HARRISBURG — The Pennsylvania State Police conducted more than twice as many firearms background checks in June as they did in the same month a year ago.
The state police did 114,509 background checks for people trying to buy firearms in June, compared to 46,280 in June 2019, Ryan Tarkowski, a state police spokesman, said Monday.
June was the second time since the pandemic’s impact began to be felt in Pennsylvania that the state police conducted more than 100,000 background checks in a month. In March, the state police did 102,872 background checks for people seeking to buy firearms.
It’s part of a national trend of record-breaking gun sales fueled by public concern over moves to defund police and anxiety over the economic uncertainty caused by the coronavirus pandemic, according advocates on both sides of the gun issue.
Small Arms Analytics and Forecasting, a consulting firm tracking the firearms industry, estimated that nationally firearms sales increased 145% in June compared to the same period in 2019.
“Demand was particularly strong for handguns,” said SAAF Chief Economist Jurgen Brauer. “The first week of June saw especially high background check volumes, presumably related to the aftermath of the killing of Mr. George Floyd.”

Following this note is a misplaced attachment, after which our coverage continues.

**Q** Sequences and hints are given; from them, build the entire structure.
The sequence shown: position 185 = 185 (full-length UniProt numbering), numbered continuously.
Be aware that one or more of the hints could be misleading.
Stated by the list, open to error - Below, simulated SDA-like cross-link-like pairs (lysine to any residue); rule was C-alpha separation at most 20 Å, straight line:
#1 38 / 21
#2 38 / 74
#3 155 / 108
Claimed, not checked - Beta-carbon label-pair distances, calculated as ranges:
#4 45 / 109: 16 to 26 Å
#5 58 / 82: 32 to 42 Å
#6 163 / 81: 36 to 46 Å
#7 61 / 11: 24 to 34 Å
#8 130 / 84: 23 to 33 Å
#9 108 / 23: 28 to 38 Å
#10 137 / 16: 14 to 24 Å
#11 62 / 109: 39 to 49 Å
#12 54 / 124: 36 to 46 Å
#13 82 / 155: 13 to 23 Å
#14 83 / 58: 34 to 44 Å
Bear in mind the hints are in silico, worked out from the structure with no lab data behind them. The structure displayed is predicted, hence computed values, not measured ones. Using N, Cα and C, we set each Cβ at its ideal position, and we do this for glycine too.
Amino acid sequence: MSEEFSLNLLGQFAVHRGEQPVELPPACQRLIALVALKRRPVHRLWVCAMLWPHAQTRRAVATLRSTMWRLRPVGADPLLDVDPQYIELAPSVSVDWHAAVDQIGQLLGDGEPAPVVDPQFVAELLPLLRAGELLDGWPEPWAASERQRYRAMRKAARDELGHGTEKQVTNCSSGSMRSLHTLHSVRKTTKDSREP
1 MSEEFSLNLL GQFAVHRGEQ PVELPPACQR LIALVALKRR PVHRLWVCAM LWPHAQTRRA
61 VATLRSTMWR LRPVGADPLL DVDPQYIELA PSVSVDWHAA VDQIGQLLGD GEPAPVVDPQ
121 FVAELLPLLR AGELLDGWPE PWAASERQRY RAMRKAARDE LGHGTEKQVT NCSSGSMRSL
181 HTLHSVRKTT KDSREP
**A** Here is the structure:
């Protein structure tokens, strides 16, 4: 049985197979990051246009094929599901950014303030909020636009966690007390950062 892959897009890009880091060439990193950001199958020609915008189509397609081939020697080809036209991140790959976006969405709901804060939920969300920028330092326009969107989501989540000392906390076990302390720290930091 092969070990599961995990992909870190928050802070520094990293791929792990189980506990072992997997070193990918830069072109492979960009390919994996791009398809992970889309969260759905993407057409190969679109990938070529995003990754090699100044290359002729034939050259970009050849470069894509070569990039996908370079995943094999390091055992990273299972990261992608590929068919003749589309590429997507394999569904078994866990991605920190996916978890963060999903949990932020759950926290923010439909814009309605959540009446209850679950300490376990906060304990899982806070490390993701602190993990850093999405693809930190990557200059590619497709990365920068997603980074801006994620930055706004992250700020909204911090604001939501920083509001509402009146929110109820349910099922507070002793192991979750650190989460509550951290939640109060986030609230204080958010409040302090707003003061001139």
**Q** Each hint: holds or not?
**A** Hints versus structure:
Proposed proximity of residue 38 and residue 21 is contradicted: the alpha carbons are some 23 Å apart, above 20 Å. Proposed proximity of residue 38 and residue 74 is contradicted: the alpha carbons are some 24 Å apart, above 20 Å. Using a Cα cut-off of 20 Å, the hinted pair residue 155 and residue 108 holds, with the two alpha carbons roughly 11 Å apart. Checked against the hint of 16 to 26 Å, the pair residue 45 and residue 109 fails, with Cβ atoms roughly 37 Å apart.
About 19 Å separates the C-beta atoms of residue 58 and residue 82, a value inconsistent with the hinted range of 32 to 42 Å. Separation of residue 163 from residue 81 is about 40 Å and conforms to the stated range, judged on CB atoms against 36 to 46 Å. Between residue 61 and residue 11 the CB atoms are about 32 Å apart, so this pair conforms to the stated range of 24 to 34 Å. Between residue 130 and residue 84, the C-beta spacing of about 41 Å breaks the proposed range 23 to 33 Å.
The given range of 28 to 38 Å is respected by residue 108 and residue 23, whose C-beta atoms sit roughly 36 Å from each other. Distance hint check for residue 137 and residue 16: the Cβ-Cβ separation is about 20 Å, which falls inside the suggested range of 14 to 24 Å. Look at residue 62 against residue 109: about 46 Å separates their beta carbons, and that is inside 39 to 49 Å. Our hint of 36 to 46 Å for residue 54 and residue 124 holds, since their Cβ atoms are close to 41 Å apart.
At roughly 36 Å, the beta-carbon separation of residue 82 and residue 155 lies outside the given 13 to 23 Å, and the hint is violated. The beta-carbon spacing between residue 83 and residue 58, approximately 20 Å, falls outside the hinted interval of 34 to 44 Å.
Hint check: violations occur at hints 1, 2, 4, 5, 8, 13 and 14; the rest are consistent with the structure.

Kim Stolfer, president of Firearms Owners Against Crime, said that spike in gun sales is directly linked to fear about defunding police departments in the wake of Floyd’s death.
“People now realize how important the Second Amendment is,” Stolfer said. “People want to be safe.”
Industry data shows that a substantial share of the people arming themselves are people who’ve never owned firearms before, Stolfer said.
Forty-percent of gun sales nationally have been to first-time gun-owners, according to surveys by the National Shooting Sports Foundation, based in Connecticut. Previously, first-time buyers typically accounted for about 24 percent of gun sales, according to the foundation. Most first-time gun buyers are buying handguns, according to the NSSF.
Adam Garber, executive director of CeaseFire PA, a gun-control group based in Philadelphia, called the spike in gun sales “alarming.”
Garber said that research indicates that people who buy guns are more likely to use them to harm themselves and those around them than they are to use the weapons to protect themselves.
“This momentary decision will lead to a lot longer risk” that the weapon will be used in an act of domestic violence or suicide, he said.
Research published in May in the New England Journal of Medicine found that gun owners were more likely to commit suicide than if they had never purchased a firearm. That study compiled data on 26 million Americans over a 12-year period and found that men who purchased firearms were eight-times more likely to commit suicide than men who didn’t own guns. Women with guns were 35-times more like to commit suicide than women who didn’t own firearms.
Based on that research, the harm from the coronavirus pandemic “could last well after we have a vaccine” to cure the virus, Garber said.